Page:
War and Peace, Part 2

New Warhorn Media post by Nathan Alberson:

“There remains the greatest of all novelists — for what else can we call the author of War and Peace?” Virginia Wolfe was wrong about a lot of things, but she was right in her estimation of War and Peace. (I hope I didn’t spoil anyone’s love of this great work by associating it with Wolfe.)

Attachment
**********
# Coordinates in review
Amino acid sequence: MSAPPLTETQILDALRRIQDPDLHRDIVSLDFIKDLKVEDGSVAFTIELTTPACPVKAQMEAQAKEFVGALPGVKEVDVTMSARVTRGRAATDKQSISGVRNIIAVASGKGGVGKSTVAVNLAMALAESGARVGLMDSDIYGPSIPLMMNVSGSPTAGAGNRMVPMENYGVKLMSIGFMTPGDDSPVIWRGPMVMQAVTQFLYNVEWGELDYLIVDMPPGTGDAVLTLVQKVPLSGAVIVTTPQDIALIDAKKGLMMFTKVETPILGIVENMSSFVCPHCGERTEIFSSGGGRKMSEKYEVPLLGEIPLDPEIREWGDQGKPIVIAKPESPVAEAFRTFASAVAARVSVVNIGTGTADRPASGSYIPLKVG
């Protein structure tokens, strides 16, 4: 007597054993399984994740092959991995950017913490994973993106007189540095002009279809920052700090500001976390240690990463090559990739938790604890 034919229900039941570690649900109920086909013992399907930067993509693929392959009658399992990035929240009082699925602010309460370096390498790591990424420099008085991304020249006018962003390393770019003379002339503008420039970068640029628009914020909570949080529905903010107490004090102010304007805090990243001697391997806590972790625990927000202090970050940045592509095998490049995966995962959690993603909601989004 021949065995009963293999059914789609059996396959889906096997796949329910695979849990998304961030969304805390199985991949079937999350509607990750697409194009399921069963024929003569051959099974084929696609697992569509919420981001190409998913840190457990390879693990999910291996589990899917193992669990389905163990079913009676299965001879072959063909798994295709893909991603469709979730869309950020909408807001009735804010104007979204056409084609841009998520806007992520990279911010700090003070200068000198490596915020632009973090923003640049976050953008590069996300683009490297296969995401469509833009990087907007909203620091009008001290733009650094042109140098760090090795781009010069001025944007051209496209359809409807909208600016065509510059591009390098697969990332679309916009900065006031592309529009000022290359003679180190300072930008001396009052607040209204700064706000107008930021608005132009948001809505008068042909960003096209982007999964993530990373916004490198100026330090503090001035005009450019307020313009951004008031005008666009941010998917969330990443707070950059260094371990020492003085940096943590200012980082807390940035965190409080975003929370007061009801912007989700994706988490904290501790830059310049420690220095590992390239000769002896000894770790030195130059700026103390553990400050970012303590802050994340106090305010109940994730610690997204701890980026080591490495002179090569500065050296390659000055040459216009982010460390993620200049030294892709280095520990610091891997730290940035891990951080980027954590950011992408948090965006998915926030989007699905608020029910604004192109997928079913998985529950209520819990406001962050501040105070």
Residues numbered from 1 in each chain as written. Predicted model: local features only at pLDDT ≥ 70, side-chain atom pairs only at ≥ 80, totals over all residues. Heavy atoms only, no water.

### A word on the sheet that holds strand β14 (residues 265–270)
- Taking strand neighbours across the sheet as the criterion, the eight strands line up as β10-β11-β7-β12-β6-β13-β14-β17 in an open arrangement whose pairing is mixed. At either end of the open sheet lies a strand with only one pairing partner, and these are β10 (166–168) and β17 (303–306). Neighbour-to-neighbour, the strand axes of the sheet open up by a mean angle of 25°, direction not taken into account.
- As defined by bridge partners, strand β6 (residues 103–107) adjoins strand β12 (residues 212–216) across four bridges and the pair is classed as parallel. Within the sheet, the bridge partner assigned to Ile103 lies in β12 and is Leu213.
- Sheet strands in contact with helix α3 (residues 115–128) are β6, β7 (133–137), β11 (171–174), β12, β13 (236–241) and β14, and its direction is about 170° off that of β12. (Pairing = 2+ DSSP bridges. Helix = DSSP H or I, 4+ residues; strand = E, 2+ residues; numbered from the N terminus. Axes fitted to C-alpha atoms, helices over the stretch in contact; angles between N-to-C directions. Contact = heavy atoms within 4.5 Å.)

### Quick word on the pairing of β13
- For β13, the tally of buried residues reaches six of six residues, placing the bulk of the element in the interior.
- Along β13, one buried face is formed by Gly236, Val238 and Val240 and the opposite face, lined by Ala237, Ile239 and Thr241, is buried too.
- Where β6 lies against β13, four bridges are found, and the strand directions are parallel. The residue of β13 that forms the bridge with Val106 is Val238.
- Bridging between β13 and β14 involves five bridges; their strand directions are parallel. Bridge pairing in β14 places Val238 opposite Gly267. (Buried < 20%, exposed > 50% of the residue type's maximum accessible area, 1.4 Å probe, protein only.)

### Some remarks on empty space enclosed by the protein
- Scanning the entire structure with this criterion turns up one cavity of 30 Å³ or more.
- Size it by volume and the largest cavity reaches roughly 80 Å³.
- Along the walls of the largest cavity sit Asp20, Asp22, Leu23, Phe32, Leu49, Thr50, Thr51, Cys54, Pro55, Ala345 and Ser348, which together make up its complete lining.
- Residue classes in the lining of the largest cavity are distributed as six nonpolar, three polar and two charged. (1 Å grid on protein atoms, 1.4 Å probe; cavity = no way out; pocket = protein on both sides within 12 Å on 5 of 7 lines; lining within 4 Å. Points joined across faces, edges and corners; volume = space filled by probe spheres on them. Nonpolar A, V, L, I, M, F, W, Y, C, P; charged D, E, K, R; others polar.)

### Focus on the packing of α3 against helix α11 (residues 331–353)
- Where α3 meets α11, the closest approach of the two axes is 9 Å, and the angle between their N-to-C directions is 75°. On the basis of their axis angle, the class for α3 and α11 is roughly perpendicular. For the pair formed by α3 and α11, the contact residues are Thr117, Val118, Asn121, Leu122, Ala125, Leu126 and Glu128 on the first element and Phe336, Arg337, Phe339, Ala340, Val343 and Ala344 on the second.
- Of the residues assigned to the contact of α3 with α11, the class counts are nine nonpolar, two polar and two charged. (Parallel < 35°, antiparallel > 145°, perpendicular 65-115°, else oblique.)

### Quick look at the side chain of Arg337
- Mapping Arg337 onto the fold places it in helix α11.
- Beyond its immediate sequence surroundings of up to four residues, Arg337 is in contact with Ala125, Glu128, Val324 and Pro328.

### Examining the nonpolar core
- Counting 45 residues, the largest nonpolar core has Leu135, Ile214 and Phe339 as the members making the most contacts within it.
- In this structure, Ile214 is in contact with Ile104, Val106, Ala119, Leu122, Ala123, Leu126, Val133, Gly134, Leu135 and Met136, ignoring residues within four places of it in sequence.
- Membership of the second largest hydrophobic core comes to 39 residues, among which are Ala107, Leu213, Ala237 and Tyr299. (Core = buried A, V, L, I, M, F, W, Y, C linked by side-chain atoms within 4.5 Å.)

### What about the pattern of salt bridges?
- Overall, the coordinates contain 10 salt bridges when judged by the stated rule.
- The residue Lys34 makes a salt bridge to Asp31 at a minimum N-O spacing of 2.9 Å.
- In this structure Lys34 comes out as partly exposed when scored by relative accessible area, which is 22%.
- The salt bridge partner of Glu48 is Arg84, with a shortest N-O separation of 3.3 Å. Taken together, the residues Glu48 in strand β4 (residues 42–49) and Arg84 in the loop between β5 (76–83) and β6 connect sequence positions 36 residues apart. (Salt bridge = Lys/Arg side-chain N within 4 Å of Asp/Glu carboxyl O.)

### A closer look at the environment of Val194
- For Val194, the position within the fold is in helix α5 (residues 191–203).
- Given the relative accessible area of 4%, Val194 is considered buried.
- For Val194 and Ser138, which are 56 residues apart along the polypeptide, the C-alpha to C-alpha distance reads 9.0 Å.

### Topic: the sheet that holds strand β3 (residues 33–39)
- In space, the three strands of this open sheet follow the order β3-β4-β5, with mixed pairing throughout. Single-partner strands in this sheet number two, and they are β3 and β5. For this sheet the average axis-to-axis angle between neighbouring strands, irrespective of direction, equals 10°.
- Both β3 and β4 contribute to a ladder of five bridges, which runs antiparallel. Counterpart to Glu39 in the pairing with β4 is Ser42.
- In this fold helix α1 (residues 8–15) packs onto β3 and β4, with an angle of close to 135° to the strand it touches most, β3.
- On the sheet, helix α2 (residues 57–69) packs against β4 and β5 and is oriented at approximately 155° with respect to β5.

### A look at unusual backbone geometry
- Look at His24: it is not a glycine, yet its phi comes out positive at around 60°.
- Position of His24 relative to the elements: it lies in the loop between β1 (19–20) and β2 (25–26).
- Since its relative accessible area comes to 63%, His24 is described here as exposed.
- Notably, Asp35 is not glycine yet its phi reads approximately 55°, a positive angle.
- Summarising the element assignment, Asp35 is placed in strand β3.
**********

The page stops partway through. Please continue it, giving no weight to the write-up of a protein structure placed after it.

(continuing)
I’ve been thinking a lot about what makes this work so great–and I agree with the things said in this episode. I would add that I think Tolstoy does what a lot of great Russian authors do (I’m thinking in particular about Dostoevesky and Solzhenitsyn)–he shows how suffering can be redemptive and/or salvific. Andrei “converts” on a hospital bed; Pierre becomes free while imprisoned; Natasha becomes capable of love once her heart has been painstakingly broken. For a society like ours that blindly chases pleasure and does all it can to minimize any interruption of pleasure, a work that shows how spiritual good can come out of suffering is bound to have power.

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